24 November 2021
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November PMIs come in at a decent clip

By Edward Bell

  • PMI numbers for the Eurozone came in stronger than expected in preliminary readings for November. The headline composite number for the Eurozone economy rose to 55.8 from 54.2 in October and far better than market expectations for a downturn. On a national basis, both the French and Germany PMI numbers came in better than expected with services and manufacturing activity accelerating in France and German services improving while manufacturing was near even on a month earlier. While the data is certainly welcome, it’s likely to be clouded over by Covid-19 developments in Europe after Austria imposed full national lockdowns and German officials haven’t ruled out taking similar action.
  • In the UK, the composite PMI came in at 57.7 for November, close to its levels for October. Manufacturing improved to 58.2 while services dipped slightly to 58.6. Similar to reports seen in the last few months, the survey noted that input costs remain elevated, helping to fuel a high inflation picture in the UK. The likelihood of a Bank of England rate increase at the December meeting is about 50% at the moment per market rates as data supports a hike in rates while statements from governor Andrew Bailey have been more changeable.
  • For the US, the composite PMI fell to 56.5 in November from 57.6 a month earlier thanks to a drop in the services component. However, the services sector is still showing solid growth with the reading coming in at 57 for November. Like most other economies, US firms are still reporting elevated input costs, hitting a new record high level while backlogs of orders also remain high.
  • In New Zealand, the RBNZ hiked rates for a second time, taking the official cash rate to 0.75% and said that it will need to tighten quickly in order to deal with inflation. While a small economy, the hiking from the RBNZ should affirms views that strongly growing developed economies will start hiking rates to tackle inflation.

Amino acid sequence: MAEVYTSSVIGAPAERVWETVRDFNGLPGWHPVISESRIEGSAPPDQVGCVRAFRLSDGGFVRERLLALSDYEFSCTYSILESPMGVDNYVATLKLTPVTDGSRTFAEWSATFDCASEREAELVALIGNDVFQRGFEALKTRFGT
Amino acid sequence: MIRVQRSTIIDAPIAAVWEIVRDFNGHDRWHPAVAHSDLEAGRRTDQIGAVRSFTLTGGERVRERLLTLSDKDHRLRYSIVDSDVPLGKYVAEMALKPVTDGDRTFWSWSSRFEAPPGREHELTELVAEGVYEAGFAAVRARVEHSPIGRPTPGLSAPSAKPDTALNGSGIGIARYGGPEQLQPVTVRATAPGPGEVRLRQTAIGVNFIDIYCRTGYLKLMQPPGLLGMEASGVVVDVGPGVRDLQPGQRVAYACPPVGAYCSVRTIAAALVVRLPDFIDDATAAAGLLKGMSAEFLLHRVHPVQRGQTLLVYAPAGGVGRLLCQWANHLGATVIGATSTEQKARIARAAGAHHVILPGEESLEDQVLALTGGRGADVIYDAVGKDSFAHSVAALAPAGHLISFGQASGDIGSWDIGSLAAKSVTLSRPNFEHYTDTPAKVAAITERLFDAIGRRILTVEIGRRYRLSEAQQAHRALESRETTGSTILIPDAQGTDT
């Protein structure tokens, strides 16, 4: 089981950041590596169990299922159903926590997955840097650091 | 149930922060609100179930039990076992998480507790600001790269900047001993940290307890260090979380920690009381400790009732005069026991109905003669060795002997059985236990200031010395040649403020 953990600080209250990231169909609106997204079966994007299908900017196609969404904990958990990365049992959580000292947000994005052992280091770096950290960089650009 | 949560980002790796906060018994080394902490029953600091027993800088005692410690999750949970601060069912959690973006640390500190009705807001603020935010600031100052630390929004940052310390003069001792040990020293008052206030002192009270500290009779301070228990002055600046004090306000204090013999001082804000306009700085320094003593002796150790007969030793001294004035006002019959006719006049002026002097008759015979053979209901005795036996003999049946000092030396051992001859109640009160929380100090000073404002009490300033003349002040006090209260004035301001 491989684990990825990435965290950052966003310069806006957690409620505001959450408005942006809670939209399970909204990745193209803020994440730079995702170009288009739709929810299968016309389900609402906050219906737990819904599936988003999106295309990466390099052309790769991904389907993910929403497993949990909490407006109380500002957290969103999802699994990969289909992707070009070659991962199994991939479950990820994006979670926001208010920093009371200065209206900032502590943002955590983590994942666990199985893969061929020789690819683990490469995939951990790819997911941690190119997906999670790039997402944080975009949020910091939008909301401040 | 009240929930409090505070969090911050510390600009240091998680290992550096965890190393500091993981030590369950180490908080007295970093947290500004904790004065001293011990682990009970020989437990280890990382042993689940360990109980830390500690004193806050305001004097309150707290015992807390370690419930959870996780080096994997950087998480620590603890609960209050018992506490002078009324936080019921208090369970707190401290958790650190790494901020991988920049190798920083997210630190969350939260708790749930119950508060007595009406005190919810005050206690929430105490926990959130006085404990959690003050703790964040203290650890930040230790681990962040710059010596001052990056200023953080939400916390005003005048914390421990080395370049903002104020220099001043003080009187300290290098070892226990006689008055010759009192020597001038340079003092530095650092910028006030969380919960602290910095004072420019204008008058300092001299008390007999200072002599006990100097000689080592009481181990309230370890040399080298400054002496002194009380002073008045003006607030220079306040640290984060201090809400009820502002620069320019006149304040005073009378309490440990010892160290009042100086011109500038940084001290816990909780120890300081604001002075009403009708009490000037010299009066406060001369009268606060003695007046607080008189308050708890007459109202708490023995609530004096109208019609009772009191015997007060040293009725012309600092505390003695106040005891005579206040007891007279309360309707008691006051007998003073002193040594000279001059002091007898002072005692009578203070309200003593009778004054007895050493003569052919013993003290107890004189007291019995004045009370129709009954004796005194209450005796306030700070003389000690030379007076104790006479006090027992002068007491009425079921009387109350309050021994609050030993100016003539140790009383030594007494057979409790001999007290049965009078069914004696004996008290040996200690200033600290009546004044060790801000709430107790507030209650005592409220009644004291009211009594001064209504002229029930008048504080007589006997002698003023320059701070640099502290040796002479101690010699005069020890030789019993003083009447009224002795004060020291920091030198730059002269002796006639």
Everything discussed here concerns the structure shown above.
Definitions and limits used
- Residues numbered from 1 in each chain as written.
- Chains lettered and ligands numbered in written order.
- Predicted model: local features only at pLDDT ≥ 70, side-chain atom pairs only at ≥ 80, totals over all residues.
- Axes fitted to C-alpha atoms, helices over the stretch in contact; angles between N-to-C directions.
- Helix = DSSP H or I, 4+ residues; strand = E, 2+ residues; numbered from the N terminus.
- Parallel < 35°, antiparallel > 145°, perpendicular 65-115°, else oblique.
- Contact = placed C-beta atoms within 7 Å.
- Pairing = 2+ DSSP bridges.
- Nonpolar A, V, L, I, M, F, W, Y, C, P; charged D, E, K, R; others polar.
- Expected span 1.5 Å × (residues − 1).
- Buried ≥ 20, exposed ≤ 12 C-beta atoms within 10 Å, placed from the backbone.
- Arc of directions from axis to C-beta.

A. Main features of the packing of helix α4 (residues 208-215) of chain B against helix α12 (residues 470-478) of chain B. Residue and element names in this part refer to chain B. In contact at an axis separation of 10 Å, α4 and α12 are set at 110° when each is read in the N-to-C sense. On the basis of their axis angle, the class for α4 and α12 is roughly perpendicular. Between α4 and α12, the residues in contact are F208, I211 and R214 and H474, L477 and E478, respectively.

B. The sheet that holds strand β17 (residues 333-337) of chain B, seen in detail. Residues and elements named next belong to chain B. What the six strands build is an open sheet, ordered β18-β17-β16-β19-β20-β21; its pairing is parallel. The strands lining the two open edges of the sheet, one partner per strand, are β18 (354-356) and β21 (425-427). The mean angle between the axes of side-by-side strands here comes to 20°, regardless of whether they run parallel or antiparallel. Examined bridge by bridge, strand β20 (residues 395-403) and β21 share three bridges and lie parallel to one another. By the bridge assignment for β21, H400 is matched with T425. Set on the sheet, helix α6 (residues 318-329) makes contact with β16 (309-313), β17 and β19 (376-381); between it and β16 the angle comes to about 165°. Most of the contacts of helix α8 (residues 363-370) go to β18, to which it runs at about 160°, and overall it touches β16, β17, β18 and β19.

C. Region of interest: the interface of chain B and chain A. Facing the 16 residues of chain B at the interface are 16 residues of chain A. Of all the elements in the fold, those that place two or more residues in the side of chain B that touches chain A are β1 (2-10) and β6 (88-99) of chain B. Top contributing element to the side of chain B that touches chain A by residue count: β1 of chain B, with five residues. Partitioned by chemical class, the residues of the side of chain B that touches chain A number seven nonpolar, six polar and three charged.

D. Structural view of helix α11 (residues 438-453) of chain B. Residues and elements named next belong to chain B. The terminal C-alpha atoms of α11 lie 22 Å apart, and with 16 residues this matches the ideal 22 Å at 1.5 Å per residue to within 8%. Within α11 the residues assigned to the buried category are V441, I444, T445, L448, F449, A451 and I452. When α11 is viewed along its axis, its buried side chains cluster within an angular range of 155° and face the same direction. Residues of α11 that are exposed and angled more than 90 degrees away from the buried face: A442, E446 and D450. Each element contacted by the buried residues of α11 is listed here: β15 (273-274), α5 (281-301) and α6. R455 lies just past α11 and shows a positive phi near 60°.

Today’s Economic Data and Events

  • 13:00 GE IFO Expectations Nov: forecast 94.6
  • 17:30 US Continuing claims Nov 13: forecast 2,033k
  • 17:30 US Personal consumption Q3: forecast 1.6%
  • 17:30 US Durable goods orders Oct: forecast 0.2%
  • 19:00 US Personal income Oct: forecast 1%
  • 19:00 US PCE core deflator y/y: forecast 4.1%
  • 19:00 US Uni. Of Michigan Sentiment Nov
  • 23:00 US FOMC meeting minutes Nov 3

Fixed Income

  • A “no bad news” kind of day helped to push benchmark bonds lower, in particular in Europe as PMI numbers came in much more strongly than expected. Yields on the 10yr bund closed up 8bps to -0.22% while gilt yields also rose, climbing in line with the decent UK PMI print, and settled at 0.996%, a gain of more than 6bps. In the US the Treasury curve was higher and steeper with 2yr UST yields adding 3bps to 0.6142% while the 10yr added more than 4bps to 1.6651%.


  • The relentless gains in the dollar took a bit of a pause overnight with the DXY index slipping marginally. However, there wasn’t much positivity across the FX spectrum with EURUSD the only notable gainer, rising 0.1% to 1.1248. USDJPY added another 0.2% to move above 1115 while GBPUSD fell by 0.14% to 1.3378.
  • In commodity currencies, the loonie got a lift as the coordinated release  of strategic petroleum reserves failed to excite markets. USDCAD fell 0.24% to 1.2670 while AUD was more or less unchanged. The RBNZ, despite hiking again this morning, has failed to excite markets and NZD has sold off in response, falling by 0.3% this morning after a drop of 0.13% overnight.


  • Benchmark equities were generally higher overnight. The Dow and S&P 500 both reported gains of 0.55% and 0.17% respectively while the NASDAQ sank 0.5% In Europe, the FTSE was the outlier in terms of gains, rising by 0.15% while the EuroStoxx 50 fell almost 1.3%.
  • In early trading today, Asian equities are mixed with the Hang Seng and CSI 300 showing a modest upward tilt while the Nikkei is selling off.


  • The US, China, Japan, India, South Korea and the UK all announced a coordinated release of strategic oil reserves with the US selling 50m bbl. At current levels of refining activity, the 50m bbl from the US accounts for around 3 days of refinery input. Markets generally took the move as too little to have a meaningful impact on markets and we expect there was likely some short positions being closed out as the release had been rumoured for weeks.
  • In the end, Brent futures rose 3.3% to USD 82.31/b while WTI added almost 2.3% to USD 78.50/b. Attention will now turn to OPEC+ and whether they will respond with some further production rationalization or slowdown their planned output increases.

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Written By

Edward Bell Head of Market Economics

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